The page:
Sunday, July 25, 2010

The Future of NCAA Pods that Almost Happened

Remember the plans to expand the NCAA field to 96 teams? While everyone was predicting doom and gloom, there was one benefit to the scrapped proposal. The new plan would have meant easier travel.

Right now the west coast is usually the land of misfit toys, the place where all the four and five seeds get sent. Consider the placement of the top seeds this year:

4 Maryland
5 Michigan St.
4 Purdue
5 Texas A&M

San Jose
4 Vanderbilt
5 Butler
3 New Mexico
6 Marquette

Oklahoma City
1 Kansas
2 Kansas St.

3 Pittsburgh
6 Xavier
2 Ohio St.
7 Oklahoma St.

New Orleans
3 Baylor
6 Notre Dame
1 Kentucky
8 Texas

1 Syracuse
8 Gonzaga
2 West Virginia
7 Clemson

3 Georgetown
6 Tennessee
2 Villanova
7 Richmond

1 Duke
8 California
4 Wisconsin
5 Temple

And this is not a one year trend. The Pac-10 was weaker last season, but if you look historically, the 4/5 seeds are much more likely to get shipped out west. The problem is that the best seeds get the spots closest to home, and in recent years teams in the East and Midwest have been more likely to get seeds 1-4. Meanwhile, while the WAC, MWC, and WCC have had some of the best teams in the country, those teams tend to be seeded 5-8.

But now consider one of the primary proposals for a 96 team tournament. The idea was to play the extra game on the Tuesday/Wednesday of the 2nd week. In other words, after the first weekend there would still be 32 teams left. And in the first week, instead of 16 four team pods, there would be 32 three team pods. The huge advantage of this is that more teams could be rewarded with shorter early round travel. Consider how this year’s field might have looked:

1 seeds – No change
2 seeds – 35 miles closer
3 seeds – 773 miles closer
4 seeds – 5550 miles closer
5 seeds – 4894 miles closer
6 seeds – 1042 miles closer
7 seeds – 3500 miles further
8 seeds – 3789 miles closer
Total - 12,583 miles closer

8 Gonzaga – 1894 miles closer
7 BYU – 252 miles closer
7 Clemson – 1425 miles further
7 Richmond – 1707 miles further

San Jose
8 California – 2324 miles closer
8 UNLV – 600 miles closer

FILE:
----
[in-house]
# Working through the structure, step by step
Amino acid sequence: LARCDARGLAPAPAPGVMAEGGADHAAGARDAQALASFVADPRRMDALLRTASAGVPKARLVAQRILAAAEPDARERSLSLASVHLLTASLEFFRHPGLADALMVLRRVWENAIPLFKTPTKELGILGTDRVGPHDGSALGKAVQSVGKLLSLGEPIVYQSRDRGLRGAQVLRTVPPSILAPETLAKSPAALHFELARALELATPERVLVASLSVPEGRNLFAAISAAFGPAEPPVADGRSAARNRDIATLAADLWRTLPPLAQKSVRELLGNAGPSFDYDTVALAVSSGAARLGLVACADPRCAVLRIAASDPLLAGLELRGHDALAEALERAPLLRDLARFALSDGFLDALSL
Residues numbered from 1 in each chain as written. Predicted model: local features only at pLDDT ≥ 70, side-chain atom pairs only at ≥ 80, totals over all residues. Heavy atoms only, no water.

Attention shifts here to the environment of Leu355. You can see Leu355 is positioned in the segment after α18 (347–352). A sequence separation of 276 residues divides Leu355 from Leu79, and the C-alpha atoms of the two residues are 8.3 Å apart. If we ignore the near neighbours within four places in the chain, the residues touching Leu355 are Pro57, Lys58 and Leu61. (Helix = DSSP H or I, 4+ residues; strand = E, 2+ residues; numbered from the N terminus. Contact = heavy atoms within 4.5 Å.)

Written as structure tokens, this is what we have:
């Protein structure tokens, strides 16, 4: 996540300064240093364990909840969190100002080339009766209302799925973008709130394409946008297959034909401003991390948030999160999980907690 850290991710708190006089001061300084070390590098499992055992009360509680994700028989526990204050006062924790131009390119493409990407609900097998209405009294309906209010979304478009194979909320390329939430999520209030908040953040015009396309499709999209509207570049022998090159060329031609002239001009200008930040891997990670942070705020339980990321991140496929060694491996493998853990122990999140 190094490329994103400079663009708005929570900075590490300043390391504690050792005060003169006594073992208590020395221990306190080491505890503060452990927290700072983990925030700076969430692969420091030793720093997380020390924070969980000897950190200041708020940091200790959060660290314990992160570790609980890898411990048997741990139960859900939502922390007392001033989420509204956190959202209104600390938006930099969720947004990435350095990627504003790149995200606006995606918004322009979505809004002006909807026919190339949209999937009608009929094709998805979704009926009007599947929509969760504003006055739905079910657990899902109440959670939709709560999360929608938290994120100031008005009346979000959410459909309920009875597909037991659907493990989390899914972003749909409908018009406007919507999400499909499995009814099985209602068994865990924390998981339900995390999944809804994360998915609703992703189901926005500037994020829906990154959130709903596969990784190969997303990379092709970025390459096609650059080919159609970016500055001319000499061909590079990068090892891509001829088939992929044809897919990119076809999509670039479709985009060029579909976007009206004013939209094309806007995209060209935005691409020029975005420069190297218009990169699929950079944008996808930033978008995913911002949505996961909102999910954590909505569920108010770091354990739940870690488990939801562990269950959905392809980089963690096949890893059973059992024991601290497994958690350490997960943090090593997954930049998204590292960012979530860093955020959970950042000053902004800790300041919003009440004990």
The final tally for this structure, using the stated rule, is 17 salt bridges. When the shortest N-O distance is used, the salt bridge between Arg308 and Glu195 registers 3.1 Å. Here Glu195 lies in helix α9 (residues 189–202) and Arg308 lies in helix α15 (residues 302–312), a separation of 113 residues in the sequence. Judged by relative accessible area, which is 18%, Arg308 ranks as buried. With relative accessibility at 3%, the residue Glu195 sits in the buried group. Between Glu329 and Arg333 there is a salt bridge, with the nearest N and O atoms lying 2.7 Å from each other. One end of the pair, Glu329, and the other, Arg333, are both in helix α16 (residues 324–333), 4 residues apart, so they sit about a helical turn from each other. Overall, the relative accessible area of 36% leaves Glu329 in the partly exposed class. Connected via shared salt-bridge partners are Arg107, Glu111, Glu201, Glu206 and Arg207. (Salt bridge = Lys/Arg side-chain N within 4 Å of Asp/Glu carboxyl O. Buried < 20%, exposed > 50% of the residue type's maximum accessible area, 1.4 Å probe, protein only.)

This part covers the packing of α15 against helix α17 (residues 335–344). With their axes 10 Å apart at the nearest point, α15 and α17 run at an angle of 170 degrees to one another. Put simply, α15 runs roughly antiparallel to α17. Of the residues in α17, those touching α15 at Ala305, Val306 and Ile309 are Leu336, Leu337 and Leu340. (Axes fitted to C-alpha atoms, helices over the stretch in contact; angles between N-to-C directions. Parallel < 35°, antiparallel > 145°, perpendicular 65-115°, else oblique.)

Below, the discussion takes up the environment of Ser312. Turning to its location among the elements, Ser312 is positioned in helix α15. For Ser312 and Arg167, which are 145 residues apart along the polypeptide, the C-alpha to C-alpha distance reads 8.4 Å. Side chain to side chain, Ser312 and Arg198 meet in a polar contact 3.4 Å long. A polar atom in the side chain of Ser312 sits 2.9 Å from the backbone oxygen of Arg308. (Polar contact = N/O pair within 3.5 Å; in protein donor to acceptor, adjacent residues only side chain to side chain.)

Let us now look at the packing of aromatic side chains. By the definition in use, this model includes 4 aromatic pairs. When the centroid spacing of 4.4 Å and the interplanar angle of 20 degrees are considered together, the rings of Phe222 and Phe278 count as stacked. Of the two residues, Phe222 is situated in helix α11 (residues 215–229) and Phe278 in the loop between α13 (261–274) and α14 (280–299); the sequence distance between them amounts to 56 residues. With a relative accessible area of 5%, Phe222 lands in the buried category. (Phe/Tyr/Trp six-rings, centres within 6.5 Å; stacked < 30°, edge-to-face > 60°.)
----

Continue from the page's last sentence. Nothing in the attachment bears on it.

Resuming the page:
8 Texas – 1029 miles further
7 Oklahoma St. – 620 miles further

Oklahoma City
1 Kansas – No change
2 Kansas St. – No change
3 Baylor – 168 miles closer
3 New Mexico – 359 miles closer

4 Purdue – 1404 miles closer
4 Wisconsin – 896 miles closer
5 Michigan St. – 1458 miles closer
5 Butler – 1682 miles closer

New Orleans
1 Kentucky – No change
4 Vanderbilt – 1471 miles closer
5 Texas A&M – 1258 miles closer
6 Marquette – 919 miles closer

1 Syracuse – No change
2 West Virginia – No change
2 Ohio St. – 35 miles closer
3 Pittsburgh – 246 miles closer

2 Villanova – No change
3 Georgetown – No change
4 Maryland – 1779 miles closer
5 Temple – 496 miles closer

1 Duke – No change
6 Tennessee – 397 miles closer
6 Xavier – 296 miles further
6 Notre Dame – 22 miles closer

First, the top lines are barely impacted because they get their first choice of location in the current system. Now Ohio St. and Pittsburgh can join Syracuse and West Virginia in Buffalo, but there are few changes overall. But then the big gain comes for the teams given 4 and 5 seeds. Now virtually every one of these teams is 1000 miles closer to home, with virtually no negative consequence. A few of the seven seeds now get shipped out west to fill in the final slots. But there is a net gain for the NCAA because more of the quality west coast teams get to stay close to home such as California and Gonzaga.

For the first time in the pod system, the west coast pods would finally have decent representation from the Pac-10, MWC, WAC, and WCC. These regions typically only have a couple of local teams and now they would have several. In fact, these west coast conferences would be 5429 miles closer to home, almost half of the overall gain. Instead of the Pacific Northwest being the toughest ticket to sell out, Gonzaga would have owned the region for the last decade.

But more importantly, more teams would get to play close to home in all parts of the country. With the top 8 seeds slotted 12,583 miles closer to home, many more fans could drive to see their team play. Right now, fans that want to travel to see their team have to make reservations to fly across the country on very shot notice. And that can be very expensive if you do not have a ton of frequent flyer miles.

Of course the disadvantage is that fans traveling to see the protected seeds would only get to see one game. But for many fans, one near-to-home, weekend game would be the perfect cap to the season.

And for fans that want to see multiple rounds, it gives them more time to make their reservations for the round of 32. The round of 32 would have been at least 9 days after the brackets were announced giving people enough time to make plans to fly to a now 8-team regional final.

I know this advantage was not going to convince anyone that a 96 team tournament was a good thing. But if you believe 68 teams is just the first step towards further expansion, I hope the second Tuesday plan continues to be discussed as a possibility.